What Went Wrong? The Story of the Nook

As a reflection assignment for my DesignLab Academy program I investing why Barnes & Noble’s Nook failed to be the next great thing.

Released in 2009 as the next great e-reader, Barnes and Noble’s Nook quickly faced opposition. What caused plummeting sales of an e-reader created by the retailer?

Photo courtesy of time.com

Technology has changed the way we do everything. We are constantly linked to a device of some kind, and as technology continues to change and expand, the greater our screen time becomes. So, it was no surprise books would make the shift from paper to screen. The largest brick and mortar book retailer wanted to be on the cusp of change, and thus the Nook was born.

What went wrong?

  1. Marketing

Barnes and Noble did not market the product properly to set it up for success. It was a challenge for customers to get beyond the book store mindset. There was confusion as to what B&N was attempting to be. And, they took people from the store to create the development team; folks that were not experienced in how to develop and launch a product. These first missteps did not allow for a successful introduction of the device and a brand for it was not created from the ground.

This issue only compounded when, in 2014, the company partnered with Samsung and released in 2014. The device was what appeared to be a Galaxy tablet. No where on the device was Nook or branding. The only way you recognized Nook was during app downloads and searches. The identity of the device was lost in the partnership.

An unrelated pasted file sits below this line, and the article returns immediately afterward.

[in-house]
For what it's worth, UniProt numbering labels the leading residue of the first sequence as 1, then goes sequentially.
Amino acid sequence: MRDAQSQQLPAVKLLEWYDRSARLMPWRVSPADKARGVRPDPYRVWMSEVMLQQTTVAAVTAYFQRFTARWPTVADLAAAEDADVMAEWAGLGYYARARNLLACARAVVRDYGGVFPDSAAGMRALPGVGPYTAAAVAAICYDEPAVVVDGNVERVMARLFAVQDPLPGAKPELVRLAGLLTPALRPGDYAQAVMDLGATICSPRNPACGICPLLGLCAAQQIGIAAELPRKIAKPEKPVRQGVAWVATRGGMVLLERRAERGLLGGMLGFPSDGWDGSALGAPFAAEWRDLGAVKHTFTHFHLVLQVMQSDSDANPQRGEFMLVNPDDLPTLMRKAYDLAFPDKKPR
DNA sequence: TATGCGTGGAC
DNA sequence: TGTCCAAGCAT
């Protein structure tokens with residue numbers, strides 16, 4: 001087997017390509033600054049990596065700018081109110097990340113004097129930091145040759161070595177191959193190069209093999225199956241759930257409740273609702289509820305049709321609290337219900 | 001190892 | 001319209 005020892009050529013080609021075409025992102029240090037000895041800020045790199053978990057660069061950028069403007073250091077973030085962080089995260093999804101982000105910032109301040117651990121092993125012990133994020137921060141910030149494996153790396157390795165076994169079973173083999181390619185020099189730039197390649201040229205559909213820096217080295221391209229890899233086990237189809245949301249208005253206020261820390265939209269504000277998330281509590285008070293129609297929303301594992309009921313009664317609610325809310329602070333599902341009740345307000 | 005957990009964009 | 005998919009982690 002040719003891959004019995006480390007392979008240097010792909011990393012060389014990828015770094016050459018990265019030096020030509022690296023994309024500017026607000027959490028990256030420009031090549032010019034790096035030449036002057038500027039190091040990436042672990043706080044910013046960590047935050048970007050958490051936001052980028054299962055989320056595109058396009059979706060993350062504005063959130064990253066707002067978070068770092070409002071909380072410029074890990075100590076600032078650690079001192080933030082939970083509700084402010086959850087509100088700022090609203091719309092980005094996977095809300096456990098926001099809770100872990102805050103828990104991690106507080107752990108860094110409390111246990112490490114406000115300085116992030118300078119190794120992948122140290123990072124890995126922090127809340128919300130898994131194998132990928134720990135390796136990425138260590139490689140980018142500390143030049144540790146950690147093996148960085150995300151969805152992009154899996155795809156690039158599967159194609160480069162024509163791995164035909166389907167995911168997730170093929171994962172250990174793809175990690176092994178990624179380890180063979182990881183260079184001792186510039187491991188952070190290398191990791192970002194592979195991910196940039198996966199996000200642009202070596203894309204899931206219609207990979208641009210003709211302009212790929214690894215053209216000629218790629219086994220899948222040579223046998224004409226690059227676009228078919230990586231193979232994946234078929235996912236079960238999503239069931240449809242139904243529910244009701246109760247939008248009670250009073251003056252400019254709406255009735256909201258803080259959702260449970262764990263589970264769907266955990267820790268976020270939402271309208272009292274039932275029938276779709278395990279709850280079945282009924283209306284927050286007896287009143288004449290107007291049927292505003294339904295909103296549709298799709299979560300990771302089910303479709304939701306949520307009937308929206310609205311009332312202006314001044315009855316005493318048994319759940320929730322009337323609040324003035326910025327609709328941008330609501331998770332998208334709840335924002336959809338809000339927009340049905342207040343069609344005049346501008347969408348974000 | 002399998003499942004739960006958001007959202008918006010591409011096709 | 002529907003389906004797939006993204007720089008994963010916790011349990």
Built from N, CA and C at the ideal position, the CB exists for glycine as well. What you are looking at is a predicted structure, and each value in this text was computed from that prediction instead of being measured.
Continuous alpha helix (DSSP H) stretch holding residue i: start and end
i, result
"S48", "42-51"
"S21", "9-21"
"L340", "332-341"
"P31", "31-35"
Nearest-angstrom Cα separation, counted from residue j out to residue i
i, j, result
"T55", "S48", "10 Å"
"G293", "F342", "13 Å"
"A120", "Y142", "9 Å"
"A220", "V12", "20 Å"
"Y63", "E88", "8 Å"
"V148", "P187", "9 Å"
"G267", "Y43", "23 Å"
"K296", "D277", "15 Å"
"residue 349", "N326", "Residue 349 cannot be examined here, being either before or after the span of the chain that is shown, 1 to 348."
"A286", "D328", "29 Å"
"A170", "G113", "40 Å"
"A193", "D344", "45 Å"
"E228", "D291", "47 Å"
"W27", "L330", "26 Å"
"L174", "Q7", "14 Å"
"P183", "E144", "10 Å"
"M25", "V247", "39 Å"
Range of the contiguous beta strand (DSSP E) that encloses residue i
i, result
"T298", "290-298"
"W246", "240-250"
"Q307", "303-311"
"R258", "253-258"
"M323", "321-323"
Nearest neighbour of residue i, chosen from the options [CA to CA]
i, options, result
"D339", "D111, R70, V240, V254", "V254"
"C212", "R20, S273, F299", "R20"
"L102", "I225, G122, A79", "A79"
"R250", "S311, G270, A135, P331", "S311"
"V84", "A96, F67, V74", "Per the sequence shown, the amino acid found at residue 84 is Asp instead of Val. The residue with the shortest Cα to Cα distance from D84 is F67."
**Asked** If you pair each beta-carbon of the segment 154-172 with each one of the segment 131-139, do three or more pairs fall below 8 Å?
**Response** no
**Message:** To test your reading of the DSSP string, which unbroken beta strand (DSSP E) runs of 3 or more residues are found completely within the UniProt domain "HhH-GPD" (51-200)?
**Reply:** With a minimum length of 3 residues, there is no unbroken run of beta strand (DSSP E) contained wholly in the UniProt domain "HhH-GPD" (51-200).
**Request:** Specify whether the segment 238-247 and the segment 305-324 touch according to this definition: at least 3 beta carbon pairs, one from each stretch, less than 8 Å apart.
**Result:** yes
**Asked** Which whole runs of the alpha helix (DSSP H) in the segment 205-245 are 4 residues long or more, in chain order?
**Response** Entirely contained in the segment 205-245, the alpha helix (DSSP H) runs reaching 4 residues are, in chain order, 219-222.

2. Functionality

The first Nook had a version which allowed for you to jump on WiFi and connect with 3G data services. They eventually came out with a color version. However, during this time competitors were launching tablets like Amazon’s Kindle Fire, the Samsung Galaxy and the more expensive Apple iPad. The Kindle was much more cost-effective and cost almost half what the Nook’s $349 price point.

Kindle Fire

There was no App Store, and in a time when Apps were blowing up on any device and platform you could get your hands on, Nook fell flat on it’s face by missing the boat on the trend, which is now essential for existence. They did eventually add the app store, but there were very few applications available. Even apps like OverDrive and Adobe Read were not available, which are core to the main function of the device. B&N simple underestimated the tech savvy intelligence of their customers, and customers took notice to that.

3. Customer Experience

Even though in 2010 Barnes & Noble received positive customer feedback, by 2012, customers experience seemingly did a 180. Many reported that they would never go to the retailer to shop again. Not only did the in-store experience lack, online and product experience was terrible, too.

In 2011, the company fixed a glitch that allowed people to download apps from other providers. You were no longer able to go to the web and download an app for your Nook. While this seems like a genius approach to ensure purchase of your own apps, it doesn’t work if you are not set up to provide the apps on your own platform. You just make people mad.

New models of the device contained less memory, making it impossible to download an entire ebook. When the basic function of your product is to read a book, and you take that away, it causes quite the commotion. People were also not able to download purchases on other devices, so this compounded the frustration and made it pretty simple for customers to go elsewhere.

In recent news, B&N has announced closure of the UK store and the app store. You will be converted to Sainsbury’s Digital Entertainment On Demand store, where you will need to set up an account. These factors in addition to the other blunders I have discussed will likely cause the few Nook users to pack up and make the move to Amazon.

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